Genevieve Shiroma, the subject of a legal brief to disqualify her from the ALRB for bias and conflicts of interest, gave rambling, disjointed, and repetitive testimony Monday. But it is her dubious relationship with notorious UFW lobbyist Richie Ross, with which Shiroma’s career is so inexorably linked, that drew the most questions. But these questions only came from Republican Senators; the Democrats were too busy offering Shiroma hearty congratulations and job tips. “As the president of my union and the California Labor Federation, I don’t feel you have a bias,” said Sen. Connie Leyva, D-Chino, and former President of the United Food and Commercial Workers (UFCW) Local 1428. “Mr. ‘Gerwin’ [sic] is a billionaire… I wonder if he’s supporting the farmworker overtime bill,” Leyva added.
Senate President pro Tem Kevin de Leon asked Shiroma what the ALRB was doing for outreach to non-English speakers, as though this was a new concept.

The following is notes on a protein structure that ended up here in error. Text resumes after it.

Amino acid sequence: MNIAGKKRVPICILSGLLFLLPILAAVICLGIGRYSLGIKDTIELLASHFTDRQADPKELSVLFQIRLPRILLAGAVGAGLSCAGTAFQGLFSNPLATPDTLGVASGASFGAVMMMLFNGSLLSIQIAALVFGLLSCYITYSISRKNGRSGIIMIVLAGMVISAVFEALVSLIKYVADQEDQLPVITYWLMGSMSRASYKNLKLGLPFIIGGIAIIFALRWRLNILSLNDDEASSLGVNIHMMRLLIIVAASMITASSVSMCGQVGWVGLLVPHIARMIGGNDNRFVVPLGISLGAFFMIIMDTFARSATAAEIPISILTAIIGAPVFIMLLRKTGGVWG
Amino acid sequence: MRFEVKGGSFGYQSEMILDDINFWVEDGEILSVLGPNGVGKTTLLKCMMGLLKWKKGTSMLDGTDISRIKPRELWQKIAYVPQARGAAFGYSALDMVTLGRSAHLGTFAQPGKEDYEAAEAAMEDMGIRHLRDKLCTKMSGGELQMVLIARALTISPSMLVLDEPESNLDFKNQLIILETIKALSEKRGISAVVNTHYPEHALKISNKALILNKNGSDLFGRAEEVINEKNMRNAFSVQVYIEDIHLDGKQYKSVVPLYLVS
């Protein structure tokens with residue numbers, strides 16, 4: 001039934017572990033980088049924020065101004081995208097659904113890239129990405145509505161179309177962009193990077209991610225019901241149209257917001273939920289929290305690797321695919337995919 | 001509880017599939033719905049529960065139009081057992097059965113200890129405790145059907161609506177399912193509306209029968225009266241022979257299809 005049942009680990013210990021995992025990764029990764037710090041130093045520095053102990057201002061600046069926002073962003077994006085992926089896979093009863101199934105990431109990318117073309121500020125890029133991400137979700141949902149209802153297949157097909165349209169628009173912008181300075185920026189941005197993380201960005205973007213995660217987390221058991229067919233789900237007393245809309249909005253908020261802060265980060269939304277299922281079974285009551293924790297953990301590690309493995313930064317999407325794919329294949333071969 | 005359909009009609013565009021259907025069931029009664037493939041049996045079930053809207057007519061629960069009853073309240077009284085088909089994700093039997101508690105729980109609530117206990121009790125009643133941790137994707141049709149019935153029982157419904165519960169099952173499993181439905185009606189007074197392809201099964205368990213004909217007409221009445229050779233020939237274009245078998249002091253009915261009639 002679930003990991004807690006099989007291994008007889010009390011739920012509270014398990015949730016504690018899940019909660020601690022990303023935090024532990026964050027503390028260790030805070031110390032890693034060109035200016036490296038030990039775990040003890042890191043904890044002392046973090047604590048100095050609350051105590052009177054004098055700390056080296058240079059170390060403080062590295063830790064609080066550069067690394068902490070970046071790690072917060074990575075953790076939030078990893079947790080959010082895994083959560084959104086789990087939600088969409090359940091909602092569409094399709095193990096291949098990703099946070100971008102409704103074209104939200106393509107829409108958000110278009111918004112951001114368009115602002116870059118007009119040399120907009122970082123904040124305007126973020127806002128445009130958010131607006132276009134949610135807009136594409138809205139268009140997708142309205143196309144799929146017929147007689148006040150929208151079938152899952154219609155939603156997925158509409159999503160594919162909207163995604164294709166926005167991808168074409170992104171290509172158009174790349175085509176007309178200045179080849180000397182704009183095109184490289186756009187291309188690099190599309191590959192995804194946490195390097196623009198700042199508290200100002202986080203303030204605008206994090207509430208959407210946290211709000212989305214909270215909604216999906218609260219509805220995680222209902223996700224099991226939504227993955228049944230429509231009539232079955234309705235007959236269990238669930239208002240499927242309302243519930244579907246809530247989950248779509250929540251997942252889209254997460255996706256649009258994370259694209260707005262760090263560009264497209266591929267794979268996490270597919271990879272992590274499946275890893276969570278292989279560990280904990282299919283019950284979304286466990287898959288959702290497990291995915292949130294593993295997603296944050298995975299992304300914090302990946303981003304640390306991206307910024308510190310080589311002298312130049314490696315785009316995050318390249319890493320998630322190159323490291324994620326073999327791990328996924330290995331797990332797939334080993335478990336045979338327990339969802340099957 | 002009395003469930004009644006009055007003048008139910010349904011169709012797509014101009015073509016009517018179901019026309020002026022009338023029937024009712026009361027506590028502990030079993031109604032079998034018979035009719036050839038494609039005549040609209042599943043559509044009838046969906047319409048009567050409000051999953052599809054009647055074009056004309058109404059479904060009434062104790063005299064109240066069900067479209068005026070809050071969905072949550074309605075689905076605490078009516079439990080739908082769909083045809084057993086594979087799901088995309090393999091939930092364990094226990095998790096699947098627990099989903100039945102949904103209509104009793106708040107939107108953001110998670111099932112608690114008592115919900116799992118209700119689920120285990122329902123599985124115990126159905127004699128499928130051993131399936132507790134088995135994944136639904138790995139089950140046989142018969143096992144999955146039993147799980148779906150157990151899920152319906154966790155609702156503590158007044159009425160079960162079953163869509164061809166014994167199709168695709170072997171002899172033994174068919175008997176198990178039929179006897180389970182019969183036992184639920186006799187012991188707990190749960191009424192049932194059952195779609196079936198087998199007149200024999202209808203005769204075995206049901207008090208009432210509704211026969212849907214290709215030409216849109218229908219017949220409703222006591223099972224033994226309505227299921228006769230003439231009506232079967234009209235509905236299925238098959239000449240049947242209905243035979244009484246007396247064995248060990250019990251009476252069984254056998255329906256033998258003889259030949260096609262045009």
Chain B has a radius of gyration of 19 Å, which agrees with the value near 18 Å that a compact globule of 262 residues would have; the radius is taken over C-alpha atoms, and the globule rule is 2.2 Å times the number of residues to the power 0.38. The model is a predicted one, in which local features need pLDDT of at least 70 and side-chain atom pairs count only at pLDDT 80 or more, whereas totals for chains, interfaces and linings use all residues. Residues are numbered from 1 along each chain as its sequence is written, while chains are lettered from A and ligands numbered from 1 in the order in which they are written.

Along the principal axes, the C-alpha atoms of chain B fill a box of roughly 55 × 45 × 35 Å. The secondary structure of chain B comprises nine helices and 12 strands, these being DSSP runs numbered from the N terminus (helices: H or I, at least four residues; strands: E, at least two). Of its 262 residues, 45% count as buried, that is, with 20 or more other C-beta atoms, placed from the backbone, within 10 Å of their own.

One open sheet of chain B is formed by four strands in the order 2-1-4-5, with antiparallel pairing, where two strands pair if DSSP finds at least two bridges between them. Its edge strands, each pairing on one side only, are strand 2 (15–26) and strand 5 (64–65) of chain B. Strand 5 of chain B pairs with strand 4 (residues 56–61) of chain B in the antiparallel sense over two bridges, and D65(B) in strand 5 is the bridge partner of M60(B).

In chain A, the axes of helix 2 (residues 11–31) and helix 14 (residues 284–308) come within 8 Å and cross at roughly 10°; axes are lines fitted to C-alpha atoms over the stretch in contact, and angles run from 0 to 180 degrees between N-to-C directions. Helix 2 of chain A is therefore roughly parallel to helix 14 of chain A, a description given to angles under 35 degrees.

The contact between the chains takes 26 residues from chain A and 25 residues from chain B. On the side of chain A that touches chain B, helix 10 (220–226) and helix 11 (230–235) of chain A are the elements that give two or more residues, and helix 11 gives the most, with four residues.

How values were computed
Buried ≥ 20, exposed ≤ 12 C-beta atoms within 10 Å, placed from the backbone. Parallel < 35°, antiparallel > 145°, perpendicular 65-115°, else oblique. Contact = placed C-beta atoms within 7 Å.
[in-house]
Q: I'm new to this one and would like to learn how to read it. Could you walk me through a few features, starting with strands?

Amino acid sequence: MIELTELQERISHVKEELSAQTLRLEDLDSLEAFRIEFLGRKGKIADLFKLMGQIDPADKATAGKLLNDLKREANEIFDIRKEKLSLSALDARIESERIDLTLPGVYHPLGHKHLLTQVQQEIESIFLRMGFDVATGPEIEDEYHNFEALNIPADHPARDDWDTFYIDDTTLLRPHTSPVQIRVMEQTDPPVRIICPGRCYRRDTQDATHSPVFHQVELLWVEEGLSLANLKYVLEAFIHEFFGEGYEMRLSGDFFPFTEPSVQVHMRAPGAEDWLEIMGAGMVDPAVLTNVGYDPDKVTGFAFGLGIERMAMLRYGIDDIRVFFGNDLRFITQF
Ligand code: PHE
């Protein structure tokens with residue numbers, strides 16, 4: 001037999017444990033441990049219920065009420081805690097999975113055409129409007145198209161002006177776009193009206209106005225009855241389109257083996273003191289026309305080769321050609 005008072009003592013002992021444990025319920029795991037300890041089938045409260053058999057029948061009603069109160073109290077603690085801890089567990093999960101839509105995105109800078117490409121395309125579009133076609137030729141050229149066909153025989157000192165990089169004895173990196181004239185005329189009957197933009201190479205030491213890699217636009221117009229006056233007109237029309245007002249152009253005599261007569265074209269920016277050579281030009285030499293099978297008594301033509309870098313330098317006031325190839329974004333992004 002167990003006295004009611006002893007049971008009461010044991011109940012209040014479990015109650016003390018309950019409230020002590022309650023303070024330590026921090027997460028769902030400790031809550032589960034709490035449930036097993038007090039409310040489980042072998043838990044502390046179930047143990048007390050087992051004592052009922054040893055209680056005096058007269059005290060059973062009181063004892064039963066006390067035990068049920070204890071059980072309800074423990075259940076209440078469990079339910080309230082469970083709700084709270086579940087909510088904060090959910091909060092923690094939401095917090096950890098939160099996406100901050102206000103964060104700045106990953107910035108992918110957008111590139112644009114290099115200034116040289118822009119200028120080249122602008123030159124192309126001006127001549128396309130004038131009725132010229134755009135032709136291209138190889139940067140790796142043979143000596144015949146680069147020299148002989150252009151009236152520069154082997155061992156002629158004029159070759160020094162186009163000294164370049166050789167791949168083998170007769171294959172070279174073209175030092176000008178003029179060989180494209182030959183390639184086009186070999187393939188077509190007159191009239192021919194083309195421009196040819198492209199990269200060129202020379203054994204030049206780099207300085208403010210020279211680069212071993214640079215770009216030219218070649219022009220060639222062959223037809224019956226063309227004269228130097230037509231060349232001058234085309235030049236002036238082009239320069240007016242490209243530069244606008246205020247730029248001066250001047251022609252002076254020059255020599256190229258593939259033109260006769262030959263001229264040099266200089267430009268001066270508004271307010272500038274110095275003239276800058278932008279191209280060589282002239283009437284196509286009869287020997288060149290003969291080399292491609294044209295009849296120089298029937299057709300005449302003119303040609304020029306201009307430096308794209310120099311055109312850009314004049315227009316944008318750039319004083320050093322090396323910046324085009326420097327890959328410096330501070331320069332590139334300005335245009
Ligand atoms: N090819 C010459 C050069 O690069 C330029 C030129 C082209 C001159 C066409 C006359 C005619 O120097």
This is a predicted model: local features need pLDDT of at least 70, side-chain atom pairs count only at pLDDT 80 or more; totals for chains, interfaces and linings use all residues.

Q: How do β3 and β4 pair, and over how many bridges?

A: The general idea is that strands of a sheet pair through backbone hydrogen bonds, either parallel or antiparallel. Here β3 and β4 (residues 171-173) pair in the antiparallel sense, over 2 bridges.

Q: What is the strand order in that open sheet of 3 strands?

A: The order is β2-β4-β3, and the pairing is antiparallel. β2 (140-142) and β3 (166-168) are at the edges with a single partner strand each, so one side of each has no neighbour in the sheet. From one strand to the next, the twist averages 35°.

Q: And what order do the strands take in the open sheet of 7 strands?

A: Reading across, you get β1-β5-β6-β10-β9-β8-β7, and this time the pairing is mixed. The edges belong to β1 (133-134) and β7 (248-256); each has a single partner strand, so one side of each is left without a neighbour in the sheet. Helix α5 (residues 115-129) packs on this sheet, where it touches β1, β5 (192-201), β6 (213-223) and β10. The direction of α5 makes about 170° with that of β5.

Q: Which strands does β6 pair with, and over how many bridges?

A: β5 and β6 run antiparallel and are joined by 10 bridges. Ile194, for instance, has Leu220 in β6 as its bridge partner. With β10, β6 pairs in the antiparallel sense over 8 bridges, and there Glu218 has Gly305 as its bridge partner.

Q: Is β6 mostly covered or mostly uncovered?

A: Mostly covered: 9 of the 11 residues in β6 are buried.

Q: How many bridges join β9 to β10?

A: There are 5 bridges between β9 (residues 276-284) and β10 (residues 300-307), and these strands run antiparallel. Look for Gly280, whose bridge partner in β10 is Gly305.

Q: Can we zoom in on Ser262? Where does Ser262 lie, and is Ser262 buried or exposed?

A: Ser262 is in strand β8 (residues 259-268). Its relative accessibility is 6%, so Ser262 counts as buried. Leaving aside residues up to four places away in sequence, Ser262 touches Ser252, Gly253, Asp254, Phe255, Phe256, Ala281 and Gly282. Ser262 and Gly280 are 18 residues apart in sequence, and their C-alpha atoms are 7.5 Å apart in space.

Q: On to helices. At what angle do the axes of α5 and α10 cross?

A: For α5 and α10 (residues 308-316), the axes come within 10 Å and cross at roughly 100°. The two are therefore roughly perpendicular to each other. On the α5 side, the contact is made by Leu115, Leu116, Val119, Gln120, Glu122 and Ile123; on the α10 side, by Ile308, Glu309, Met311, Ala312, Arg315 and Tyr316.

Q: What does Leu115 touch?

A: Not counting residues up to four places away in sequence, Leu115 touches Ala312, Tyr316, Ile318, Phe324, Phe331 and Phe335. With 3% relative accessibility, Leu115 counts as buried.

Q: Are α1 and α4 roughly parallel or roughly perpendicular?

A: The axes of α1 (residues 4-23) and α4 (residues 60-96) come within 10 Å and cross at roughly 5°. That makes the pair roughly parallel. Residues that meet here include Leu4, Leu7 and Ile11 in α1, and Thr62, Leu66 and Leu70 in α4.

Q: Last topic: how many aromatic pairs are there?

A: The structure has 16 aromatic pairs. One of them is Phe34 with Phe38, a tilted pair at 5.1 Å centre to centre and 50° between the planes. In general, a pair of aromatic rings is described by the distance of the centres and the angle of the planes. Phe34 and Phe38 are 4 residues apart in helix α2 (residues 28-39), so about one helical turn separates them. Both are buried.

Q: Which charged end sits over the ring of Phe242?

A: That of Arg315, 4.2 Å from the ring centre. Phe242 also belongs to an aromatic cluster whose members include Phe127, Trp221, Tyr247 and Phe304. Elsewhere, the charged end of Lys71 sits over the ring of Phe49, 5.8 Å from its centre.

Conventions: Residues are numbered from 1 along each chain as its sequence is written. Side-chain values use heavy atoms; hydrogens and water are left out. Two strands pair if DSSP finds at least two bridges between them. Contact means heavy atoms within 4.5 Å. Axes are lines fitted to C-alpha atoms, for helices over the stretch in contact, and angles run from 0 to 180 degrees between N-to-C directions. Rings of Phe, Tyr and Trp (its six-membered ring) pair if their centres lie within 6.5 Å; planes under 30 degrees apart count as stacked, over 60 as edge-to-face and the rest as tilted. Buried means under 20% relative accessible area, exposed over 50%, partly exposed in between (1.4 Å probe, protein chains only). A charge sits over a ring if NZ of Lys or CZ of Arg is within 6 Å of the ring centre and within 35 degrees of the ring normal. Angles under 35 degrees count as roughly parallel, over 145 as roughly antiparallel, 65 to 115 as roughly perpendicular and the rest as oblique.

For the record, Gerawan has been family owned and operated since 1938, and is run today by Ray Gerawan and his sons, Mike and Dan, who can often be found working along side the farm workers in the fields.
Sen. Tom Berryhill, R-Twain Harte, extensively questioned Shiroma about her role on the Ag Labor Board and being so closely intertwined to the political goals of the United Farm Workers union and its lobbyist Richie Ross. Shiroma denied any bias, and said Ross is her paid campaign consultant for her Sacramento Municipal Untilty Board campaigns, and his roles as UFW lobbyist did not overlap. “I’m an honorable person,” Shiroma said. And, “My record is good.”
When asked about decisions agains tfarm workers which appear biased, Shiroma repeatedly said she follows the rule of law, as well as National Labor Relations Board precedence.